October 26, 2011

Backpacking Robbers Roost

The Dirty Devil River country must be one of the most wild places in the contiguous U.S.
Even more amazing is that it's still like that today, having survived all these years, without any protection other than it's impossibly ridiculous access. One of the most inaccessible parts of this canyon system is now known as Robbers Roost. A hundred years ago Butch Cassidy and his rambunctious crew would commit acts of Robinhood-esque, corporate thievery, such as the hold up of the Castle Gate payroll. In this case, they cut the telegraph wire, snatched the loot, and rode like hell for the wild deep of Robbers Roost, where they made quick work of losing the posse.
I don't think it's possible to do much wandering around in Utah without stumbling into some intriguing history. Lisa and I wanted to do an end of season backpacking trip, so we met in Price, gassed up the old '77 blazer and rode for Robbers Roost, at a slightly slower pace than Butch Cassidy. We planned on going to the Angel Point trail head on the east side of the river, but we only made it out by the Flat Tops, on the road to the Maze district of Canyonlands Nat'l Park. We stopped to sleep at a random place off the main road where a coyote was waiting for us. He wasn't happy about us showing up without a burger from Ray's Tavern. He wanted nothing of my offer of a cold beer so he took his attitude, and beady eyes, and sauntered off into the night. The next morning we arrived at the Angel Point trail head and packed our gear for a few days. We shouldered heavy packs, thanks to two liters of red wine, among other things, and walked over to the rim of the Dirty Devil to look at a dizzy sight of slickrock that the map said we were supposed to somehow navigate. We walked off the rim with a slow progress, setting a relaxed pace that permeated the next 5 days of wandering in and around the Robbers Roost.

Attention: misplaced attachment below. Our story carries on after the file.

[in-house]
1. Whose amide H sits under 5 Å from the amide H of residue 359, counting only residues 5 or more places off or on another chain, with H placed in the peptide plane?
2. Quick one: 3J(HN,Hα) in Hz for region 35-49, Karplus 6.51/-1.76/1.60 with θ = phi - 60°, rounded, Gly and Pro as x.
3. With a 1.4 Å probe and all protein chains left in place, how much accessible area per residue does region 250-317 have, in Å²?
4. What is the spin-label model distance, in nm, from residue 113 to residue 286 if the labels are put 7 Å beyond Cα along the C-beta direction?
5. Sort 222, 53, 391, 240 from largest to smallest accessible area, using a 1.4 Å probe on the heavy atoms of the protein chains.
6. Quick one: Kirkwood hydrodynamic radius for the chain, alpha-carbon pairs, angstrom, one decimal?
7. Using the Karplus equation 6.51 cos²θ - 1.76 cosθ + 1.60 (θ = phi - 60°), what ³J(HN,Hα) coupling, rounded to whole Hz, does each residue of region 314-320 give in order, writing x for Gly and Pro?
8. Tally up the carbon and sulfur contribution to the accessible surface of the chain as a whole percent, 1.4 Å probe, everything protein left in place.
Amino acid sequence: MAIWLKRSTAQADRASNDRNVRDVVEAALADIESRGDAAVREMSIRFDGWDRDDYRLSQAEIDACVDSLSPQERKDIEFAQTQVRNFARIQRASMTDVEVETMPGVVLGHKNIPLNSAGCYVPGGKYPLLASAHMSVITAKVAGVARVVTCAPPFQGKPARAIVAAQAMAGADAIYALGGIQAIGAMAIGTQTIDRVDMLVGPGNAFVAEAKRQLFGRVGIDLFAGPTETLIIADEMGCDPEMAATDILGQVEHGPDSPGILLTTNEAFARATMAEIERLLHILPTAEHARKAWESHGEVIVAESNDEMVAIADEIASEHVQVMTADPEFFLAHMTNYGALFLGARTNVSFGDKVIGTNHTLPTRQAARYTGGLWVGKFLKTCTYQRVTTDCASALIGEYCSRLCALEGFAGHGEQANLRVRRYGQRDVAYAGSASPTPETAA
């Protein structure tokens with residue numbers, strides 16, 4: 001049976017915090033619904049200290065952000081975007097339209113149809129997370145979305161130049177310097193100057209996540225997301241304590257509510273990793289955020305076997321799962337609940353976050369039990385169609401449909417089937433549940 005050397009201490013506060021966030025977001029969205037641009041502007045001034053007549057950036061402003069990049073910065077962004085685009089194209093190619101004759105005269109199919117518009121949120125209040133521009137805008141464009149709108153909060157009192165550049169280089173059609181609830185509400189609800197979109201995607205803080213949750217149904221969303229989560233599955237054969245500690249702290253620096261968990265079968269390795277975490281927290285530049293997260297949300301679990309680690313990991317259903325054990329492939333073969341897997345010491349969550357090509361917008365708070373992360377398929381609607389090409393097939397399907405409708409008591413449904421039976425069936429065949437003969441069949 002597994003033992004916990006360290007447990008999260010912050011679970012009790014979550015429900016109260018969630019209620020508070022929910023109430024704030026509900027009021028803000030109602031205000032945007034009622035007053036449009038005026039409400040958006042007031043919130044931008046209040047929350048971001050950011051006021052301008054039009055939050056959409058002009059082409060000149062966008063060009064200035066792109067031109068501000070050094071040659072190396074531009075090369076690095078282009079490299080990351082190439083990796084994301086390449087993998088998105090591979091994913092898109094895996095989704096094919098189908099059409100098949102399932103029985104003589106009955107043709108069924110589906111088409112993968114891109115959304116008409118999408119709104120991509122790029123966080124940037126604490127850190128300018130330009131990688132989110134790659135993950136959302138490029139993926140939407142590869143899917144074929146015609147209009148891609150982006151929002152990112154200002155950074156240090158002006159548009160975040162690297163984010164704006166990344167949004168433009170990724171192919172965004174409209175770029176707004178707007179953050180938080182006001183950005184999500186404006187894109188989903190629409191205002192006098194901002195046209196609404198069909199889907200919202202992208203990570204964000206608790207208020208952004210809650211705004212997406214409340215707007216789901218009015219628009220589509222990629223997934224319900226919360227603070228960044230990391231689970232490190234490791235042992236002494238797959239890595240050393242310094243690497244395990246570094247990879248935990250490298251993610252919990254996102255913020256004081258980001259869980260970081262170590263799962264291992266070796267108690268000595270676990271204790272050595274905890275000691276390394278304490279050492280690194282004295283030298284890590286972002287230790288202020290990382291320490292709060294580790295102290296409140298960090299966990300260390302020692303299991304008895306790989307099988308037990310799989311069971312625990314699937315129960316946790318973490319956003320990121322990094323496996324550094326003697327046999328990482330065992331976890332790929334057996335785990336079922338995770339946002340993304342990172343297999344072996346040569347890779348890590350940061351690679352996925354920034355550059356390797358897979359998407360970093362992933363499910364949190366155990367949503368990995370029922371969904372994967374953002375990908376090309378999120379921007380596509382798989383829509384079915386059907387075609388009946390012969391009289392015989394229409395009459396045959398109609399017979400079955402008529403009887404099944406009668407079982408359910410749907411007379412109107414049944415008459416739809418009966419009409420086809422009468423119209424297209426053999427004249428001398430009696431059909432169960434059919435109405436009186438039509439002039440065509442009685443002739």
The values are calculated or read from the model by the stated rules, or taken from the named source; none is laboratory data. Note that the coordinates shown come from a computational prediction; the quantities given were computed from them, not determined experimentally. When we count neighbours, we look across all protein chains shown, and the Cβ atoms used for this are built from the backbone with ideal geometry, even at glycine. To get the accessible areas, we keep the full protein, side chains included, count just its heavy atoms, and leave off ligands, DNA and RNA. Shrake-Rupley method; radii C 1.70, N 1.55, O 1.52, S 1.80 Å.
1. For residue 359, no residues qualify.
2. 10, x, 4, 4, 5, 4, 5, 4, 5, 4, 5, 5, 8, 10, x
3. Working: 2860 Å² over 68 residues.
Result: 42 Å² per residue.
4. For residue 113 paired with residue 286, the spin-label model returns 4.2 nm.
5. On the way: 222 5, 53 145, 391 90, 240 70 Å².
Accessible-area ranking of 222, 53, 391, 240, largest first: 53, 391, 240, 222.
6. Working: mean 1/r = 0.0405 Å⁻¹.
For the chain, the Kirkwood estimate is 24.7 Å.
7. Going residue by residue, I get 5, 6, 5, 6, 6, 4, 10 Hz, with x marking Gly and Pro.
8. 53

It took a little over an hour to walk the 2 miles to the river. We dropped packs and explored around a little, then headed up river another mile or two, to the mouth of Robbers Roost Canyon where we were met by beautiful October cottonwoods, and ancient pictographs on a wall of several hundred feet.

As soon as we entered Robbers Roost Canyon I was surprised to see how easy the walking was. It wasn't the jungle that is the overwhelming character of the Escalante. The beautiful open walking on the canyon floor continued for the entire trip, without even much cheat grass. The corridor trails were established more by deer than by hikers. As we walked quietly up canyon we came face to face with a big doe, running straight at us, without knowing we were there. She was was spooked about something. She stopped to look at us with her big confused ears, then headed off, apparently late for the next adventure. A few minutes later a coyote ran across our path, missing us by 20 feet, also late for some adventure.